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Pojo's Magic The Gathering
Card of the Day

Daily Since November 2001!

Inverter of Truth
Image from Wizards.com

Inverter of Truth
- Oath of Gatewatch

Reviewed March 1, 2016

Constructed: 3.67
Casual: 4.17
Limited: 3.88
Multiplayer: 3.17
Commander [EDH]: 3.33

Ratings are based on a 1 to 5 scale:
1 - Horrible  3 - Average.  5 - Awesome

Click here to see all of our 
Card of the Day Reviews 


David Fanany

Player since 1995

Inverter of Truth
 
I feel like we haven't really gotten as many high-risk creatures recently. Those were always one of my favorite sorts of cards to build around - Juzam Djinn's downside may have been too small for design sensibilities, making it not much of a puzzle to solve, but things like Ravnica's hunted creatures and Worldwake's Abyssal Persecutor are one-card deckbuilding challenges, and finding non-obvious solutions to use with cards like that is so much fun. Inverter of Truth's comes-into-play ability is almost as high-risk as it's possible to get. Of course, everything in your graveyard most likely got there because you used it for something you wanted, and you get a chance to draw them all over again (from what's likely a smaller library with better odds, no less). Plus, if you have no graveyard, it's basically an instant win with Laboratory Maniac!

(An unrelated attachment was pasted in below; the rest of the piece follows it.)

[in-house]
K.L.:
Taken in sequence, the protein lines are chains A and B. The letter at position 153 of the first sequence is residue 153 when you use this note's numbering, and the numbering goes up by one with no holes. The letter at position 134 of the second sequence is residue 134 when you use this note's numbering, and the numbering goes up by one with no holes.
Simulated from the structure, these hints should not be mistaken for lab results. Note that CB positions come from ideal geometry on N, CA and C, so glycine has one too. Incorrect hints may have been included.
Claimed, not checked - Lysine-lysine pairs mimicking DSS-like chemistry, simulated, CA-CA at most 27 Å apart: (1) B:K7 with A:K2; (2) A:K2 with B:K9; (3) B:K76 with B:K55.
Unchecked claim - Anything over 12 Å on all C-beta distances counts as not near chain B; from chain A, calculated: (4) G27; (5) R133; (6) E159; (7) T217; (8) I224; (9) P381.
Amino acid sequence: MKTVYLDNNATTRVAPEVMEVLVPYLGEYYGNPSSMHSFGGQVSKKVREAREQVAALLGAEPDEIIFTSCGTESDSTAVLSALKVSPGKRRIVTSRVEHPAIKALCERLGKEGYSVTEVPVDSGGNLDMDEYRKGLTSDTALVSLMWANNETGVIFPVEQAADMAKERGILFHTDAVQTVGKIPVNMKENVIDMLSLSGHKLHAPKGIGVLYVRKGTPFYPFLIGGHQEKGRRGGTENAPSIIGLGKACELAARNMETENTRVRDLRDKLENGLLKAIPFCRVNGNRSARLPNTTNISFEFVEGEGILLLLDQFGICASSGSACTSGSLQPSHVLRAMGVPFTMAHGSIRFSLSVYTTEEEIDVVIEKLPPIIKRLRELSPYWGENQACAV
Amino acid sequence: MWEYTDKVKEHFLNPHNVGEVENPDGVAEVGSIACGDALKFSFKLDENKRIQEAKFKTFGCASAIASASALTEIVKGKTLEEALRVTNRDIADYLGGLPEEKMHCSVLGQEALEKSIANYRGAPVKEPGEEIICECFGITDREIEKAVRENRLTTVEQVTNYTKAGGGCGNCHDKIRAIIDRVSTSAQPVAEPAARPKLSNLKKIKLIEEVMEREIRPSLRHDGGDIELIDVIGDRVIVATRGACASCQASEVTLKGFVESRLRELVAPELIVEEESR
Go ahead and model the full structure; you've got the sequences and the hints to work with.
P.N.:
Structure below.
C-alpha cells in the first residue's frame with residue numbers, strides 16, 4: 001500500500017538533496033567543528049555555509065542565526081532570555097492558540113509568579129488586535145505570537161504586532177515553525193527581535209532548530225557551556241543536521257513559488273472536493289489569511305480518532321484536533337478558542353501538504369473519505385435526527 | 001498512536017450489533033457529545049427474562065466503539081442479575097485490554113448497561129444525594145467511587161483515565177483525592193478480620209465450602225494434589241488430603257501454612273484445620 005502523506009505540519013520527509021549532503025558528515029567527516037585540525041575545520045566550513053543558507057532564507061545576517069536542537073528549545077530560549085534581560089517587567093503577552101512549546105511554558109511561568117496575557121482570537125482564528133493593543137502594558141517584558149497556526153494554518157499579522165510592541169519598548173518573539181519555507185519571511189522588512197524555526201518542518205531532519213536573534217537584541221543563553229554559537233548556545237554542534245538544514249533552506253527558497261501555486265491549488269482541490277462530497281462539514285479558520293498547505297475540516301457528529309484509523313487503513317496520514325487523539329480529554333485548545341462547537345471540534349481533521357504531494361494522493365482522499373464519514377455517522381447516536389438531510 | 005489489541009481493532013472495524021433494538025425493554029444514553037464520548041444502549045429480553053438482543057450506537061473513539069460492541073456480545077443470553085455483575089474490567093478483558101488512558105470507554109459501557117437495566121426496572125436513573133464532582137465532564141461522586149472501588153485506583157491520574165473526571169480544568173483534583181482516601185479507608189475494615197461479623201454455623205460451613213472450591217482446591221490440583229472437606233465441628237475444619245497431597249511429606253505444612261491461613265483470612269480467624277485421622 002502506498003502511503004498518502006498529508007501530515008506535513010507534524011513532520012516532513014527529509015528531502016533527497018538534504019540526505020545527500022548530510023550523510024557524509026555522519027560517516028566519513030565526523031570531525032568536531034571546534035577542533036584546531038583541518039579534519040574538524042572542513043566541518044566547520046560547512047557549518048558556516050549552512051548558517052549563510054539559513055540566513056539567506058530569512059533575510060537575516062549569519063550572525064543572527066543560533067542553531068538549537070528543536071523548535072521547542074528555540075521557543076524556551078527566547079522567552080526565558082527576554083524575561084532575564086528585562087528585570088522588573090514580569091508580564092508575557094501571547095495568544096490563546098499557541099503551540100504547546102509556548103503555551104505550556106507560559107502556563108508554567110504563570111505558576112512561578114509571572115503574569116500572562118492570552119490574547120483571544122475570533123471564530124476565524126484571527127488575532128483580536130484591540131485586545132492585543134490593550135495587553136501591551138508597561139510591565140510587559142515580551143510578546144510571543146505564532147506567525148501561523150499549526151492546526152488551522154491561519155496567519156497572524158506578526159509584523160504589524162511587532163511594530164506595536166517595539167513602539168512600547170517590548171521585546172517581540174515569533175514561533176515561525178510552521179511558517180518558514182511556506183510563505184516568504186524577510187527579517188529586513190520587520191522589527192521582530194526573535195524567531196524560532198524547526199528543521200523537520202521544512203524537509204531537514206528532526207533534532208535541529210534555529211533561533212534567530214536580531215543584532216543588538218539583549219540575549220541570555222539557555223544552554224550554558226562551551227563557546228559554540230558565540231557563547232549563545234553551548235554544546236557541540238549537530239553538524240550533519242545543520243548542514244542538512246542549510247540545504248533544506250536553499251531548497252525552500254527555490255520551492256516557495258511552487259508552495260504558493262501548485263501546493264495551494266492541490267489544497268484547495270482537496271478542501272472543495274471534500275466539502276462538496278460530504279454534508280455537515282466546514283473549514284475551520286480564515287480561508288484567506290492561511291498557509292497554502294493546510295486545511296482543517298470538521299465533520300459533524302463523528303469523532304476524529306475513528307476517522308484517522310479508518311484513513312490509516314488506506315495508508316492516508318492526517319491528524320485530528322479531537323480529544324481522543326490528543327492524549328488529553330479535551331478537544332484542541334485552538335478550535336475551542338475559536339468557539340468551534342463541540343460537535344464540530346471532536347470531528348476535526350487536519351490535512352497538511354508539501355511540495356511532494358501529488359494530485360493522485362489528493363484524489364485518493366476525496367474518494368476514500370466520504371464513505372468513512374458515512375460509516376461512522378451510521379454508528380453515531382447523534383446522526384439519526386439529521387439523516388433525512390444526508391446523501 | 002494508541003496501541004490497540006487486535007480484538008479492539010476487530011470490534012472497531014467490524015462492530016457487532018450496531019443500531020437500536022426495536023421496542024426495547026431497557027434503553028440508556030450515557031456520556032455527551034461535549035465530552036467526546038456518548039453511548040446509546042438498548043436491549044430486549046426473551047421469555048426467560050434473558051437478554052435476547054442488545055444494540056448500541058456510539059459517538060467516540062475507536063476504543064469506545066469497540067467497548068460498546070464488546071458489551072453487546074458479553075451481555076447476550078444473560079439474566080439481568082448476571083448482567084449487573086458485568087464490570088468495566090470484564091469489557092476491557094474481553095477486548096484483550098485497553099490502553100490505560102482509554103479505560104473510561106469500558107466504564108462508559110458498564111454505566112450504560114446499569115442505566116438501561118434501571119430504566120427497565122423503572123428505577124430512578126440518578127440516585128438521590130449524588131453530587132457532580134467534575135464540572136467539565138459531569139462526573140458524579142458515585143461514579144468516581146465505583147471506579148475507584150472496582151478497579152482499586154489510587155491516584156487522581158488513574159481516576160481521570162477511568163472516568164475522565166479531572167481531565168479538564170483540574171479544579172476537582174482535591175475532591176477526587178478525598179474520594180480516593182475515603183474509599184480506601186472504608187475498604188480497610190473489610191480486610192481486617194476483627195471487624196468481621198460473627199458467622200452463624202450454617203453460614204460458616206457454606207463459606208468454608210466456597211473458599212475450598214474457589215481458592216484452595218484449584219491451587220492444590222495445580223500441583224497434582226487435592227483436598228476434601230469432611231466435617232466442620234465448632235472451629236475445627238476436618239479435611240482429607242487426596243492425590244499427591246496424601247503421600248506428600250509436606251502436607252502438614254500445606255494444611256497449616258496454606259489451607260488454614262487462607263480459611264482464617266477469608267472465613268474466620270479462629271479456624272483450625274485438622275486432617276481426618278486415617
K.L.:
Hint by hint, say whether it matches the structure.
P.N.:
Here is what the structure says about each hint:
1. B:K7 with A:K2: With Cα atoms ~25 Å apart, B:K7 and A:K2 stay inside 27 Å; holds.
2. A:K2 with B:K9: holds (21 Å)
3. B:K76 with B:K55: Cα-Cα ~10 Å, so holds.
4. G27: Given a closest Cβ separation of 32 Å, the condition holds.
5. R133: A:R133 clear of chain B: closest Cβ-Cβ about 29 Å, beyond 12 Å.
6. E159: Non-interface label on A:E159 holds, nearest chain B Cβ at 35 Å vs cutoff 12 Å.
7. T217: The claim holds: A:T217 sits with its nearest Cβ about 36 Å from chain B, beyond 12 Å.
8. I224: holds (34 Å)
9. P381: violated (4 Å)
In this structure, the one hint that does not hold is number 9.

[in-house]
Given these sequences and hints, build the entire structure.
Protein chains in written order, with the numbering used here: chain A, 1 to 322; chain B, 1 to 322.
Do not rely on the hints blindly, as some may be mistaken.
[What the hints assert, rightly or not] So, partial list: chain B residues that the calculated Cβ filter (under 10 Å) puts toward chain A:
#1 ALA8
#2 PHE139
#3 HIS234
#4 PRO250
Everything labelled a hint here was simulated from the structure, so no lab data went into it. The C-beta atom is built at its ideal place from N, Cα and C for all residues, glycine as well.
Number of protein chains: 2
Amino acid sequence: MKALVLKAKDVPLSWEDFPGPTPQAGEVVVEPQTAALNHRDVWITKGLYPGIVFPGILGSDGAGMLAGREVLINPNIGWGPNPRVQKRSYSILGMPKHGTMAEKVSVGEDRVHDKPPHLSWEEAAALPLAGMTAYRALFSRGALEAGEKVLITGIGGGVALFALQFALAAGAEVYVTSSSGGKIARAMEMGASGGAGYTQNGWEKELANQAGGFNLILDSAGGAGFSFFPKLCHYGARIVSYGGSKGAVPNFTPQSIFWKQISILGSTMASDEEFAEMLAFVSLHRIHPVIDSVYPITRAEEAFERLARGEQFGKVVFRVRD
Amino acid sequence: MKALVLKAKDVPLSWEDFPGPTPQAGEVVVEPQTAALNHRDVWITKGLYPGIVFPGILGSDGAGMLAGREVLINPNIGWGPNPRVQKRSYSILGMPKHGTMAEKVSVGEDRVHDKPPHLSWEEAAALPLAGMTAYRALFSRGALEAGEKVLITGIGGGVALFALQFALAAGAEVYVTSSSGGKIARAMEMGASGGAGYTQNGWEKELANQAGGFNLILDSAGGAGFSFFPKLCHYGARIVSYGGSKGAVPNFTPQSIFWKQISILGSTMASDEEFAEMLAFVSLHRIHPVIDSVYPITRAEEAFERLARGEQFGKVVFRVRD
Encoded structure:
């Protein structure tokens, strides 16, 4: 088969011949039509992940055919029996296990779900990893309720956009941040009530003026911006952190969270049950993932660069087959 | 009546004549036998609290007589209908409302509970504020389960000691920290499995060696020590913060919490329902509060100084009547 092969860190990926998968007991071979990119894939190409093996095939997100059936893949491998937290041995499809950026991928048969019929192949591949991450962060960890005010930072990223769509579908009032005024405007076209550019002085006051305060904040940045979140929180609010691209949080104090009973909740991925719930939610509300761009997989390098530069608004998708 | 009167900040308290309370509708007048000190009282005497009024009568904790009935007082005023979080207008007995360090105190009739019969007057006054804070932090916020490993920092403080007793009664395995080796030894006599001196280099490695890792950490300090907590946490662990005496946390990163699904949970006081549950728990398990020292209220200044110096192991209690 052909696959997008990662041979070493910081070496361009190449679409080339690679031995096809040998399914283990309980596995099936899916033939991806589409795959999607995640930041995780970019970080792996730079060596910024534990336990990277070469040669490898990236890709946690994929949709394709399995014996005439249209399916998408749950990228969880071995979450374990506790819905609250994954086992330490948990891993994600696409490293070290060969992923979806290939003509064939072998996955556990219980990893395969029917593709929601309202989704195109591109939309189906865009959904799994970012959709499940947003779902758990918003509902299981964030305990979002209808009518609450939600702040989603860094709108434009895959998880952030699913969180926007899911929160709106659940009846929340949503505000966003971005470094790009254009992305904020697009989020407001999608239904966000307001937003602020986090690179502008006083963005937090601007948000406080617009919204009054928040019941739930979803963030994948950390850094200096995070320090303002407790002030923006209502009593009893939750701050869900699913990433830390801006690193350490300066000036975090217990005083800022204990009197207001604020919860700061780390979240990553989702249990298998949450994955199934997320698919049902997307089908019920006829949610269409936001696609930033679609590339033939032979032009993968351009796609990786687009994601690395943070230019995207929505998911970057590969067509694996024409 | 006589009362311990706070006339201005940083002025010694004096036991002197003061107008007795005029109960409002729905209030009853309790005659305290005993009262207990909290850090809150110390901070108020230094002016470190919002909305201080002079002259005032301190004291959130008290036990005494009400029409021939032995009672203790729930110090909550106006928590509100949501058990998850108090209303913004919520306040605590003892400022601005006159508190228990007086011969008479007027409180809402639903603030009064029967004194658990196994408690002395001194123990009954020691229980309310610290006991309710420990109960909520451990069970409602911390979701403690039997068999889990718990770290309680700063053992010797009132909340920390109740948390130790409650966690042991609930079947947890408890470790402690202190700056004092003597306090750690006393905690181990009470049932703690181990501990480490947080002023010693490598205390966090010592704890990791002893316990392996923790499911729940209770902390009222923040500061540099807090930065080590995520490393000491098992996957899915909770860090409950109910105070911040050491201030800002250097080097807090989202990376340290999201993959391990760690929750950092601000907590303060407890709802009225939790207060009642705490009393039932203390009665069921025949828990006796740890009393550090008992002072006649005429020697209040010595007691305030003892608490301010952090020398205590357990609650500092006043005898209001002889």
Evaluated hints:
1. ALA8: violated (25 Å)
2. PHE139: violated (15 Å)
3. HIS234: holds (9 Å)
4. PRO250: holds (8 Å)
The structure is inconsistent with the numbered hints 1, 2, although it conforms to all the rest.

Constructed: 3/5
Casual: 4/5
Limited: 3/5
Multiplayer: 3/5
EDH/Commander; 3/5
BMoor Inverter of Truth

The second name of the week. An enormous, flying abomination that twists around everything you thought you understood. What you've done becomes your future. What you could have drawn becomes a nameless oblivion. But it hardly matters when you've got such a great and terrible creature to command. Lovecraft so often wrote of nameless, indescribable powers, and those who would sacrifice their sanity and selves in supplication to it. One often wonders, reading those tales, why anyone would willingly invoke such a thing. When you've played with this card, as I have, you may understand. When your graveyard is rich with creatures you've already lost and spells you've played, or when you simply need such a thing to have any hope of winning, what difference does the sacrifice make? Especially when we are all as worms in its shadow anyway!

Constructed- 4.5
Casual- 4.5
Limited- 4.5
Multiplayer- 3.5
Commander- 3

Armuun
Inverter of Truth
 
(Sigh) I swear this is the last time I'm saying this, but Ugh, Magic card names are becoming yugioh level of goofy. I can't wait til Shadows of Innistrad and we get something worse like "Vampirus the Night Biter" or some such. Anyway, for such an ineptly named card, it's not bad. For the low cost of a 4-drop, you get to replay all the stuff you already played, skipping filler, lands and whatnot... unless somebody plays a spell or ability that exiles your graveyard. it's a neat ability with relatively low drawback.
 
Constructed: 3.5
Casual: 4
Limited: 4
Multiplayer: 3
EDH: 4

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